Thursday, 5 November 2015

A PhD on understanding the properties of shale rocks and their ability to hold gases…by Patrick Whitelaw

Hello, my name is Patrick and I have just started my PhD within the Centre for Environmental Geochemistry, between BGS and the University of Nottingham Faculty of Engineering.  My research focuses on understanding the properties of shale rocks and their ability to hold gases specifically methane. Due to the commercial success of the US shale gas industry the UK has become increasingly interested in trying to understand how much gas is generated and stored within our shale reservoirs.  I will be comparing shale rocks matured under high pressure water pyrolysis conditions in the laboratory to natural shale rocks matured under geological conditions to understand gas storage as a function of maturity over geological timescale.

The aims of my research involve determining the ability of shale rocks to hold gas within their pores using high pressure methane isotherms, to characterise these pores using BET surface area measurements, as well as using Rock Eval to determine the ability of the shales to generate hydrocarbons. Together these techniques will allow a better simulation of how deep subsurface shales generate and retain gas, and overall a better estimation of the UK shale gas reserves.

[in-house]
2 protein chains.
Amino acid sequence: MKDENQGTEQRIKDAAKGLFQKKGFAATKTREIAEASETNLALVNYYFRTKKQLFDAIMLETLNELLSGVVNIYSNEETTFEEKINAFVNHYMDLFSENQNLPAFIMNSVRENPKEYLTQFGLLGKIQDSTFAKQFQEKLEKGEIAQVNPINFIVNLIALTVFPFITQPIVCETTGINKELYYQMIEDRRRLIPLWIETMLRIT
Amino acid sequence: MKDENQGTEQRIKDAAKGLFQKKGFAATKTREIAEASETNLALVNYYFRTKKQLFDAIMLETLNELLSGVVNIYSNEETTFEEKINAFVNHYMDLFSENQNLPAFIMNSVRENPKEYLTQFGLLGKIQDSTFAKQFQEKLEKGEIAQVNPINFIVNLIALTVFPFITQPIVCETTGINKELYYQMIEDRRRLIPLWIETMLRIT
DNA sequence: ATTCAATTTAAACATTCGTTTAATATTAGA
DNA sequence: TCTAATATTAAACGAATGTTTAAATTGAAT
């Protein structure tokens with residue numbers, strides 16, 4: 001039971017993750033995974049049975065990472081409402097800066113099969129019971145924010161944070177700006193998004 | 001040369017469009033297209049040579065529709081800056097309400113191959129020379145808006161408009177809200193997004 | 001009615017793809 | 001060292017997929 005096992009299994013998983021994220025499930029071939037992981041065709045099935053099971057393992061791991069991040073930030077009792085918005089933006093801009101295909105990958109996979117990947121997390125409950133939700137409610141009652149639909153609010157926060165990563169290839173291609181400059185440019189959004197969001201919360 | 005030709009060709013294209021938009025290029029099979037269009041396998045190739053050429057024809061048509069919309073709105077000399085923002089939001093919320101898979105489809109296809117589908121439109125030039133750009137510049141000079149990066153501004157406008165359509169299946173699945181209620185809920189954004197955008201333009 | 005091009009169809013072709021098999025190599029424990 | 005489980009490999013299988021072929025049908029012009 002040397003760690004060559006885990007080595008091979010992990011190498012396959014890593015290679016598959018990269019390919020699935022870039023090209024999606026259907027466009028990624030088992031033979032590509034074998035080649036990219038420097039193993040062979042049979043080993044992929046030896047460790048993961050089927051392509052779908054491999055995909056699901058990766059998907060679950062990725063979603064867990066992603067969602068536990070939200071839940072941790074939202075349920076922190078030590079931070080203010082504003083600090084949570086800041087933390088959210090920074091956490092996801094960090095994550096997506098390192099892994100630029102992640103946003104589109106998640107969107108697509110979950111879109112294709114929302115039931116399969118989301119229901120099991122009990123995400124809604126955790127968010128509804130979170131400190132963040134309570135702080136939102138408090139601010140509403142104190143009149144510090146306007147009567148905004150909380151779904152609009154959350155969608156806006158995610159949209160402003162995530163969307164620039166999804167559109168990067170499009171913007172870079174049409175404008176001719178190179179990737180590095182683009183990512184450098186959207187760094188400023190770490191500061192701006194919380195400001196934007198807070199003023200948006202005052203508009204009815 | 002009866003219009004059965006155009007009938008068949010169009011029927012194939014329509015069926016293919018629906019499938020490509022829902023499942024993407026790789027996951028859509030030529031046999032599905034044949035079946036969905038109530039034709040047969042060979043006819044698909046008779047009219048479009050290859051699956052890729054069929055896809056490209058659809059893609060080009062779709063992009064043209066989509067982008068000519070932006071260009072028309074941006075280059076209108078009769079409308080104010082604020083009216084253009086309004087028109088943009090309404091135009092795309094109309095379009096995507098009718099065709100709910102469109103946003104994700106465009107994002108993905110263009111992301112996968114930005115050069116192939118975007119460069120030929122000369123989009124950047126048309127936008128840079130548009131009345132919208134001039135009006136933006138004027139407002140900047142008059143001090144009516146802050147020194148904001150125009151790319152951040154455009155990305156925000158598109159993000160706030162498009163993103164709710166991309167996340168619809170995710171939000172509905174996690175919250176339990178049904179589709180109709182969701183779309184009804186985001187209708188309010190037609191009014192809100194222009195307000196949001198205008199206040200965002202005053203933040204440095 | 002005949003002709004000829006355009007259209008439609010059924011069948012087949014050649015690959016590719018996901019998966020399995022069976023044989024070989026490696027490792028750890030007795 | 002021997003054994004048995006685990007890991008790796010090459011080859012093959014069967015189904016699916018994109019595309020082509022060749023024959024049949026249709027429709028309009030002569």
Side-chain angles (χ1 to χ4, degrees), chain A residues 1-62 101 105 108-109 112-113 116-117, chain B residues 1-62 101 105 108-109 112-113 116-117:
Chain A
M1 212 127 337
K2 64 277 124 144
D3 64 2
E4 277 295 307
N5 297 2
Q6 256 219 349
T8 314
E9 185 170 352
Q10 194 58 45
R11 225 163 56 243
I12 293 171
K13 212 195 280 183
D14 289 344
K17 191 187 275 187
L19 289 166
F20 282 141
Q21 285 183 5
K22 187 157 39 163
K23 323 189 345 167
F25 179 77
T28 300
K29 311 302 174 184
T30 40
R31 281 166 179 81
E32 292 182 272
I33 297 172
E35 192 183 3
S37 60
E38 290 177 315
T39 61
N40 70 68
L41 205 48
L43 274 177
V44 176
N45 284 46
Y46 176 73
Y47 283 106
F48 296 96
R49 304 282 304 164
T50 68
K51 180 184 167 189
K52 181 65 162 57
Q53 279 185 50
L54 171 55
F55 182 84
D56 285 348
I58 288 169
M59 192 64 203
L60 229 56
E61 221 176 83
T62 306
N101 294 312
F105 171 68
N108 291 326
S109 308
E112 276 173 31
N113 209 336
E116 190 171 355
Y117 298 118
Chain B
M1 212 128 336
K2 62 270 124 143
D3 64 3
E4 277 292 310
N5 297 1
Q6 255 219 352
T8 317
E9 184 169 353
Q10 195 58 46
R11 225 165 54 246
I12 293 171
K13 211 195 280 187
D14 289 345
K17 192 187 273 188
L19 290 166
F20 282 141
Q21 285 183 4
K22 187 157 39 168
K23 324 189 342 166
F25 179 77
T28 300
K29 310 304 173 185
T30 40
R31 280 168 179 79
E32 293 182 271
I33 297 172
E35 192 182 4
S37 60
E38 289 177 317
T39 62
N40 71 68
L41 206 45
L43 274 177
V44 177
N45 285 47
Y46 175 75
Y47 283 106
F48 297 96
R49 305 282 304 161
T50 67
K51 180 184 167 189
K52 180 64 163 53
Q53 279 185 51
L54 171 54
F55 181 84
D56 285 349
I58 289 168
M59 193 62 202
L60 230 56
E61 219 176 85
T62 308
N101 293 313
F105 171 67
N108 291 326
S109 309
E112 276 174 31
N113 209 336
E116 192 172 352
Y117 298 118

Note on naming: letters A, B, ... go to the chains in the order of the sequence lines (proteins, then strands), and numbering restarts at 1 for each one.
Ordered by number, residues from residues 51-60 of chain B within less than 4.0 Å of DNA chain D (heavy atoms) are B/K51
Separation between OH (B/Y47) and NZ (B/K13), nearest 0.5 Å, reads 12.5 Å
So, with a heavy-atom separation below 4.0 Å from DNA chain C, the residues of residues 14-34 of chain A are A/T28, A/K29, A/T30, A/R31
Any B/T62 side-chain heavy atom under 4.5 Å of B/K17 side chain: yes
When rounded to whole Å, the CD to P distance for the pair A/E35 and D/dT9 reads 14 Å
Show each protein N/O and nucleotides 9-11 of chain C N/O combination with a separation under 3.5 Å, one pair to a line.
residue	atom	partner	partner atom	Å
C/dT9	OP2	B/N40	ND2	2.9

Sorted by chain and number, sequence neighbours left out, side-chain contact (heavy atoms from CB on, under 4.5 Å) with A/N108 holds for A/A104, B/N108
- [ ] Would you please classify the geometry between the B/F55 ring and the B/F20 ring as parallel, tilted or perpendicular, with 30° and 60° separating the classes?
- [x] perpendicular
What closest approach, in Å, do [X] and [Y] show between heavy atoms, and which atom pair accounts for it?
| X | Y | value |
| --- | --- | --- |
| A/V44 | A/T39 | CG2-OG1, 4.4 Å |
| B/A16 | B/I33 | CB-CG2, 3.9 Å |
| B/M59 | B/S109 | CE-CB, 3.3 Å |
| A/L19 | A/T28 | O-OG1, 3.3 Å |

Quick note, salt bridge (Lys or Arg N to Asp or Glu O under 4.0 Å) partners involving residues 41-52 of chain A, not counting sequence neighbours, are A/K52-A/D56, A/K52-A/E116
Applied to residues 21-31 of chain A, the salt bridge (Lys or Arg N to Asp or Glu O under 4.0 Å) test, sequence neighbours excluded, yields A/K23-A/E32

Currently as I have just started I am focusing on becoming familiar with both the equipment I will be using during my PhD, such as Surface Area and Porosity Analysers (for BET calculations) and HPVA (for high pressure methane isotherms)  and high pressure pyrolysis equipment, as well reading the literature related to the subject.

My supervisors for this project are Dr. Chris Vane (BGS), Dr. Clement Uguna (BGS/University of Nottingham) and Professor Colin Snape (University of Nottingham).


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